This event is part of the UNU-CPR Migration Policy Roundtables. More details on the series can be found here.
The second in a series of migration policy roundtables, this event will focus on the growing proportion of migrants, particularly those in manual or semi-skilled sectors, who face significant difficulties in accessing ‘decent work’ in host countries. A growing proportion of migrants, particularly those who are in manual or semi-skilled sectors of the labour market, face significant difficulties in accessing decent work in host countries. This includes those migrating between the countries of the Global South, some of which have weak or developing economies and problems with job creation, which can force many people —not just migrants— to engage in precarious work and put themselves at risk of labor exploitation. Migrant experiences of the labour market include low wages, poor working conditions, a virtual absence of social protection, denial of freedom of association and workers’ rights, discrimination and xenophobia, as well as social exclusion. In a significant number of cases, unemployment rates, job security and wages differ between regular migrant workers and national workers. The lack of opportunities for decent work undermines the contribution of migration to delivery of the Sustainable Development Goals and impedes migrants’ integration into host societies. It can be associated with human rights abuses and even death.
Drawing on evidence from a recently published Dejusticia book entitled Migration and Decent Work: Challenges for the Global South, this roundtable brings together representatives from the UN system, Members States, international organisations and civil society to examine the challenges of ensuring that migrants in the Global South have both the right to work and decent working conditions. The roundtable discussion will focus on policy and practice efforts aimed at ensuring that migrants, including refugees, have access to the labour market; reducing poor working conditions, insecurity and discrimination; and identifying remedies for exploitation, forced labour and wage theft.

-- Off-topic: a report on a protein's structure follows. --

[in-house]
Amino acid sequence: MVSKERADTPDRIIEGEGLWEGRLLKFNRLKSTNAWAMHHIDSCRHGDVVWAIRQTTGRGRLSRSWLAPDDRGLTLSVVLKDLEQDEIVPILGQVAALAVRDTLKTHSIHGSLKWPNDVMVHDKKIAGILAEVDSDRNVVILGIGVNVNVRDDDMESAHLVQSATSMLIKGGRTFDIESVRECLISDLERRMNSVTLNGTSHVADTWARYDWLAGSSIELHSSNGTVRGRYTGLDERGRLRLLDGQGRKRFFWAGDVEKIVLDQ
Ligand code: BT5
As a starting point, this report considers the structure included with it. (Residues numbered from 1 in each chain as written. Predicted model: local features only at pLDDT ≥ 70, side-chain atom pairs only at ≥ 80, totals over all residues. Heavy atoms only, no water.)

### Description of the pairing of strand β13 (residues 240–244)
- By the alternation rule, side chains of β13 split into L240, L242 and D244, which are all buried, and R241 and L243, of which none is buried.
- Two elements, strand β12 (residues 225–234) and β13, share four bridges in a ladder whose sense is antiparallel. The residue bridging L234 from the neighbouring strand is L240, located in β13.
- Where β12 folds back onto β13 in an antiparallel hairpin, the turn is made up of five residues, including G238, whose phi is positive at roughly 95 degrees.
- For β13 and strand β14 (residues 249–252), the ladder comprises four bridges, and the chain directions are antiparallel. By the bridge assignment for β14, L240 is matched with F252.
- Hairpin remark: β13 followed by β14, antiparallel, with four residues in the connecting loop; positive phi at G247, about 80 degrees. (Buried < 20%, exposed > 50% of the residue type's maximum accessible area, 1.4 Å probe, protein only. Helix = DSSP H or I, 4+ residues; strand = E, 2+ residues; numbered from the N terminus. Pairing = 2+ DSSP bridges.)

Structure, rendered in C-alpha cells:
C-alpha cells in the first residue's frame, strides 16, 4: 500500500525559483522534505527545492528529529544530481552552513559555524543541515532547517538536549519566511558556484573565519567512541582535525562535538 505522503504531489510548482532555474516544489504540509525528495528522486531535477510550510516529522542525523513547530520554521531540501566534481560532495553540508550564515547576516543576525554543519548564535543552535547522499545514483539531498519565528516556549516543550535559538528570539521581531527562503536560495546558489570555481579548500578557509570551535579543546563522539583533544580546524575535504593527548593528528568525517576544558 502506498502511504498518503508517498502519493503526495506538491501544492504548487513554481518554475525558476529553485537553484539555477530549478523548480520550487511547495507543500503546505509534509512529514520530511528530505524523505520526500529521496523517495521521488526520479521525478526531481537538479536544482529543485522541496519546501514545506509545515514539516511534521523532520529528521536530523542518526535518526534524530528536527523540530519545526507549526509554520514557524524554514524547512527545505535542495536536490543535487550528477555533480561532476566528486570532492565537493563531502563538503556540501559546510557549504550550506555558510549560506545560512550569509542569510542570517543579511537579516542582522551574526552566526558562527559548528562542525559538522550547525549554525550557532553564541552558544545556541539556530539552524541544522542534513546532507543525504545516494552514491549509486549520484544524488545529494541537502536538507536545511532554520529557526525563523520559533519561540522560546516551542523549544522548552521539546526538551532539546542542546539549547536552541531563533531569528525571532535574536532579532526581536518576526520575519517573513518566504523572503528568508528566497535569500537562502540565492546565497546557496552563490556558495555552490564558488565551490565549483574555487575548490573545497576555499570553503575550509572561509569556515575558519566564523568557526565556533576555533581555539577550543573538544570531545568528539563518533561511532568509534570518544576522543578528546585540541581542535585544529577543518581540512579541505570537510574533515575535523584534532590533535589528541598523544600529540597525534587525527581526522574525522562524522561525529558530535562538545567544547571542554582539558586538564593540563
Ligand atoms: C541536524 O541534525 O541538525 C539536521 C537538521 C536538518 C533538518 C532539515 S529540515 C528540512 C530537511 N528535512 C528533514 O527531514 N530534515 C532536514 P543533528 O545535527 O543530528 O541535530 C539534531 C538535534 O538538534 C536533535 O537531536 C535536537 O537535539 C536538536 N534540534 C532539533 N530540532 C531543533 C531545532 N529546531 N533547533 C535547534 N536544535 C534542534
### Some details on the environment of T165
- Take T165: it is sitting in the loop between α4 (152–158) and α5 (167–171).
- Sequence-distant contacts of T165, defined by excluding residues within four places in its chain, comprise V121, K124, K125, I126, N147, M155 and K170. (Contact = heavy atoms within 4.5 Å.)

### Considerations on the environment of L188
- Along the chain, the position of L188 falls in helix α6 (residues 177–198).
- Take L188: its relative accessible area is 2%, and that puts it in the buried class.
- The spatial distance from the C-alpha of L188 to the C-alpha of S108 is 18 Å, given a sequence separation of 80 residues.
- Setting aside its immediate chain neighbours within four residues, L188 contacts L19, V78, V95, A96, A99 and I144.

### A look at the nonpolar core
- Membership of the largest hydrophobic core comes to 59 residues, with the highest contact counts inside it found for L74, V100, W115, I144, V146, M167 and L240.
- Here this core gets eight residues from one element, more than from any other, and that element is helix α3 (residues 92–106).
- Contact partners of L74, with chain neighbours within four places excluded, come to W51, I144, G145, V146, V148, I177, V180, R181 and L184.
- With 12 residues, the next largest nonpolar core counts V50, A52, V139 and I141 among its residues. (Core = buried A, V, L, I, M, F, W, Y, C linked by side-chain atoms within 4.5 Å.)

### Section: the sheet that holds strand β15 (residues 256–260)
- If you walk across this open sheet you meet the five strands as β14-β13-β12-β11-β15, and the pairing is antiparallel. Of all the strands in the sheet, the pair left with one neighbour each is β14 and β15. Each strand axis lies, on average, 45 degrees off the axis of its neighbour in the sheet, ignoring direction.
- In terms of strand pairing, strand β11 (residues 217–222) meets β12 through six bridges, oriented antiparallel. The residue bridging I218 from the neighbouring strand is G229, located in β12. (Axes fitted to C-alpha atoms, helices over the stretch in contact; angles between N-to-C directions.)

For those who wish to attend in-person (see venue details below) please confirm by contacting: email@example.com
The event is aimed at UN agencies, Member States, NGOs, Civil Society Organizations, academia, and others with an interest in ensuring the effective implementation of the Global Compact for Migration.
Moderator: Professor Heaven Crawley, Head, Equitable Development and Migration, UNU-CPR, and Director, MIDEQ Hub.
Opening presentation: Lucía Ramirez Bolívar, Dejusticia, Colombia, and co-author of Migration and Decent Work: Challenges for the Global South, will provide an overview of the study’s key findings and implications for policy.
- Felipe González Morales, UN Special Rapporteur on the Human Rights of Migrants
- Michelle Leighton, Chief, Labour Migration Branch, ILO
- Sarah Mehta, Head of International Projects, Migrant Justice Institute
- Paola Simonetti, Director, Equality Department, International Trade Union Confederation (ITUC).
Venue: Baha’i International Community to the UN, 866 United Nations Plaza, Suite 120, New York, NY 10017
A UNU-CPR policy brief summarizing the key themes and recommendations will be published online following the event and circulated to all participants.